SOUTH BURLINGTON -- The Champlain Water District (CWD) is changing the way it disinfects its water in order to make it safer to drink. Beginning April 10, CWD will switch from using "free chlorine" to a "chloramines residual." The switch will affect the water used by about 68,000 people in 12 municipal water systems in Chittenden County, including South Burlington, Shelburne, Williston, Essex, Essex Junction, Winooski, Milton, Jericho Village and most of Colchester.
The change has been in the works for four years. As Mike Barsotti, CWD's director of water quality and production, explains, it's being made for two reasons. First, chloramines are a longer-lasting disinfectant than chlorine and don't dissipate as quickly within the vast water-distribution network. Second, using chloramines reduces the total number of disinfection byproducts by 40 to 60 percent. Disinfection byproducts, which can be dangerous to human health, are created when a disinfectant reacts with naturally occurring materials in the water. The Safe Drinking Water Act requires public water systems to reduce their amount of disinfection byproducts. The U.S. Environmental Protection Agency considers chloramines the "best available technology."
Like chlorine, chloramines -- made by combining chlorine and ammonia -- are added to water used for drinking, cooking, cleaning and bathing to protect against biological and microbial growth. Chloriminated water also doesn't have the smell or taste of chlorine.
But the change does have downsides, Barsotti says. For one, water treated with chloramines cannot be used for kidney dialysis because chloramines are toxic in the bloodstream. The digestive system breaks down chloramines, which makes them safe to drink, the CWD notes. However, CWD and the Vermont Department of Health have been in contact with the dialysis unit at Fletcher Allen Health Care, which has already modified its water system to accommodate the change. Other dialysis clinics and patients have also been notified.
A second concern, Barsotti explains, is that chloramines are toxic to fish. Unlike chlorine, which dissipates from water when it's exposed to the air for several days, chloramines linger for weeks. As a result, aquarium owners, fish stores, restaurants and fish markets that now treat for chlorine -- in both saltwater and freshwater tanks -- will need to start using carbon-filtration systems or other water treatment products.
Otherwise, the EPA and the state health department both consider chloramines to be the safest and most cost-effective way to disinfect water. According to Barsotti, chloramines have been used in other public water systems around the country as far back as 1908. Today, it's added to the public water systems in Boston, Philadelphia, Miami, Minneapolis, Los Angeles, Dallas, Houston and Washington, D.C.
"These are very large population centers we're talking about," says Barsotti. "It's not really controversial."
However, as in the recent debate over the use of fluoride in Burlington, not everyone is satisfied by the government's safety assurances about chloramines. Ellen Powell, a South Burlington resident and a recipient of CWD water, says she's deeply concerned about the use of chloramines, in part because of its potential impact on lead levels in her tap water.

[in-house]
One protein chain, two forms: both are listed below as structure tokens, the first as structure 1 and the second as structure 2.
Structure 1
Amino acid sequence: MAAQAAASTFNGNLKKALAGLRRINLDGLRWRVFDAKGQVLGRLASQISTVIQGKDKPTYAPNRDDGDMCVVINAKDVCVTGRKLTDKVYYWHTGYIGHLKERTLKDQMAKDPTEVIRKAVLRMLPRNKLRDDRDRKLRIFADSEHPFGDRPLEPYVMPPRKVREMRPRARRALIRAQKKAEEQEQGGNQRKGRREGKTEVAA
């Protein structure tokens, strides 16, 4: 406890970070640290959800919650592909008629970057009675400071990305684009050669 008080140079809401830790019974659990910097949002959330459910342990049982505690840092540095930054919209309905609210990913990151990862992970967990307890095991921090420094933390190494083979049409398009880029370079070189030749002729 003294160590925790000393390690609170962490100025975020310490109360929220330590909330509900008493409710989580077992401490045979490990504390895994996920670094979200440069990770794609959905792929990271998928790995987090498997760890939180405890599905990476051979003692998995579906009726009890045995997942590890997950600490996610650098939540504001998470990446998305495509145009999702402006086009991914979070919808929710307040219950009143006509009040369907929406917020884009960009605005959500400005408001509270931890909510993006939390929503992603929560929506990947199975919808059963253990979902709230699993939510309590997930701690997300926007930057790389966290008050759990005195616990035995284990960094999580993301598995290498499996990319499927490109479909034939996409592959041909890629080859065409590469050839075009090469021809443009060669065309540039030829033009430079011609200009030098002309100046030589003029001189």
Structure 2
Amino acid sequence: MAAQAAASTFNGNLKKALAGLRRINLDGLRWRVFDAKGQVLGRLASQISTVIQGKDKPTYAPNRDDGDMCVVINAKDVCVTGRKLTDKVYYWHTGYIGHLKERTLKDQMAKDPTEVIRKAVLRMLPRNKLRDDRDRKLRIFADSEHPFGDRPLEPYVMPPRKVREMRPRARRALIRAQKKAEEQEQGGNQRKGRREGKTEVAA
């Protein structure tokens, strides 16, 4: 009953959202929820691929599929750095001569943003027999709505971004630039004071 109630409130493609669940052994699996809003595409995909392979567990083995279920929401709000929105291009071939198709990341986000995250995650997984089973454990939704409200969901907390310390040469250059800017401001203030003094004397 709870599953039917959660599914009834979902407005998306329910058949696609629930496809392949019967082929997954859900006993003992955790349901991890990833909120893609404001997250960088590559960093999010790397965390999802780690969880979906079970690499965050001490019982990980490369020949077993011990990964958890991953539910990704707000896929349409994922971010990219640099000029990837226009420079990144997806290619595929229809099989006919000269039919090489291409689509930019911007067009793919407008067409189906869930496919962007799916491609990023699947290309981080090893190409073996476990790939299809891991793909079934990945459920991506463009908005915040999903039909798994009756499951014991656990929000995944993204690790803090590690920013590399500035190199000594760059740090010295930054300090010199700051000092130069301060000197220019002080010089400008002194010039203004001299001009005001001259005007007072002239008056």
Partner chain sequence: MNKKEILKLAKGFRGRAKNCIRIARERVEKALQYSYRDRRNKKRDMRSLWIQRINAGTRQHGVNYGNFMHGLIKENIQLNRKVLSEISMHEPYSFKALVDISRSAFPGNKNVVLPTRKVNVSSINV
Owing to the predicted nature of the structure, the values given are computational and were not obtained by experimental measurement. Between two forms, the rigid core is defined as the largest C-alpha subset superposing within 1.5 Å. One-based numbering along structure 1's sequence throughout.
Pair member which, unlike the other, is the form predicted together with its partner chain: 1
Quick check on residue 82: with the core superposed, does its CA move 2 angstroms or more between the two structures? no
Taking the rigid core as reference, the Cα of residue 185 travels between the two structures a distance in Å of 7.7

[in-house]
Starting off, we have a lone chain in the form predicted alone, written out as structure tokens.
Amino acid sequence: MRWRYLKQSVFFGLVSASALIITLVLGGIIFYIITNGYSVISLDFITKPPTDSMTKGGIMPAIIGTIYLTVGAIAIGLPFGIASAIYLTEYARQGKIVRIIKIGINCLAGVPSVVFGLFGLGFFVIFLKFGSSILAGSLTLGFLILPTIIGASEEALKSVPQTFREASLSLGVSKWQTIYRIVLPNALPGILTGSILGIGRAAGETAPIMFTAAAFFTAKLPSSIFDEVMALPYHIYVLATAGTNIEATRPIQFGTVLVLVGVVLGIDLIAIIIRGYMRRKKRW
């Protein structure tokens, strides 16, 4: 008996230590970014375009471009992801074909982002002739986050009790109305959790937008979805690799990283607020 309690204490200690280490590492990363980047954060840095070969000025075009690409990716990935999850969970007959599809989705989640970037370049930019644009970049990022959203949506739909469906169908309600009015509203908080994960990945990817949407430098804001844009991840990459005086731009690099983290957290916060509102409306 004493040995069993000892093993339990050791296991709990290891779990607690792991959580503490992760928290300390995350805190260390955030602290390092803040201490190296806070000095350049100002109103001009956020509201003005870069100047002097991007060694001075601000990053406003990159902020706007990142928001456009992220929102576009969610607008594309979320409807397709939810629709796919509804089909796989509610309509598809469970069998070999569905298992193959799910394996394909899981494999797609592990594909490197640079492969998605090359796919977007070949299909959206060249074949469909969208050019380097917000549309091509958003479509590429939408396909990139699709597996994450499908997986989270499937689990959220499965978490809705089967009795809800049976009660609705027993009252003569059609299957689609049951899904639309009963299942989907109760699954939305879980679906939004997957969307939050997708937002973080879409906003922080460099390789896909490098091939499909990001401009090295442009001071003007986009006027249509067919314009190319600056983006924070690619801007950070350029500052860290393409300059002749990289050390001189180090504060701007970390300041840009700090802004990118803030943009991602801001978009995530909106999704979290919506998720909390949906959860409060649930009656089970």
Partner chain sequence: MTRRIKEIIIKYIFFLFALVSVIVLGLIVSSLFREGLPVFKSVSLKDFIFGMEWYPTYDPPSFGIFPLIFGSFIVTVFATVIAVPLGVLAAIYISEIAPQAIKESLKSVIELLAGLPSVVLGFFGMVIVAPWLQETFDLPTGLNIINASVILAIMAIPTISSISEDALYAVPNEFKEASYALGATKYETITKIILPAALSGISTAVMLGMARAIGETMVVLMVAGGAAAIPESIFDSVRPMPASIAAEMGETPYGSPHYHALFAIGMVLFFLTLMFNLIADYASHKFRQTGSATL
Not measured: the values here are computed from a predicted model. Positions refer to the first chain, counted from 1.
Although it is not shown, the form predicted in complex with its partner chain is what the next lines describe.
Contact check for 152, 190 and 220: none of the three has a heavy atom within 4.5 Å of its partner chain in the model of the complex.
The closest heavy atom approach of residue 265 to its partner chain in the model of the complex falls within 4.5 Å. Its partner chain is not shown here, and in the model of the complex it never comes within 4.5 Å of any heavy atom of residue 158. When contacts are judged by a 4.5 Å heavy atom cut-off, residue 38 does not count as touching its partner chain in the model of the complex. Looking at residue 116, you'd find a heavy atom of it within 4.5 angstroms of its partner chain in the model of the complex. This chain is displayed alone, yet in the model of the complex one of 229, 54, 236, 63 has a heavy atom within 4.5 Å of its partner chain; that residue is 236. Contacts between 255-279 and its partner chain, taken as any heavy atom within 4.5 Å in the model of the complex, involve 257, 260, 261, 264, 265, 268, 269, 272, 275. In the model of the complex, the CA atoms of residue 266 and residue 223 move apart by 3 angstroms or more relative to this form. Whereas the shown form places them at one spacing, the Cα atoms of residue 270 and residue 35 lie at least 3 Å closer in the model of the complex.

When Washington, D.C., switched over from chlorine to chloramines, thousands of homes showed lead levels in their water that far exceeded the federal limit of 15 parts per billion. Excessive lead in the human body can cause serious damage to the brain, kidneys, nervous system and red blood cells, and is particularly dangerous to pregnant women and young children. According to the Washington, D.C., Emergency Information Center, water filters had to be shipped to 23,000 homes with lead in their service lines.
A similar problem arose in Greenville, North Carolina. Two unrelated children, both under the age of 4, showed blood-lead levels at least 150 times higher than what's considered medically acceptable. That problem was eventually traced back to the water supplier's recent switch to chloramines.
Bill Bress, a state toxicologist with the Vermont Department of Health, says this problem has already been foreseen and addressed. He explains that the chlorine in the Washington, D.C., water supply prevented the corrosion of lead solder in the pipes. Once the chlorine was removed, lead levels began to spike. Bress says this problem will be ameliorated by CWD adding zinc orthophosphate, an anti-corrosive agent, to the water. In addition, Bress says, CWD will continue monitoring for elevated lead and copper levels. "That water system is excellent," Bress says. "Their staff really knows what they're doing."
Still, Powell isn't convinced. She claims that no epidemiological tests have been done on the human health effects of chloramines, and she points to a number of incidents around the country when people or their pets have had adverse reactions to chloramines-treated water, including skin and respiratory problems. And in September 2004, a scientist at the University of Illinois at Urbana-Champaign discovered a disinfection byproduct in chloramines-treated water that he called "the most toxic ever found."
Several local environmental groups have expressed an interest in the chloramines issue, including Vermonters for a Clean Environment, the Conservation Law Foundation and the Vermont Public Interest Research Group. However, none has taken a formal position for or against it.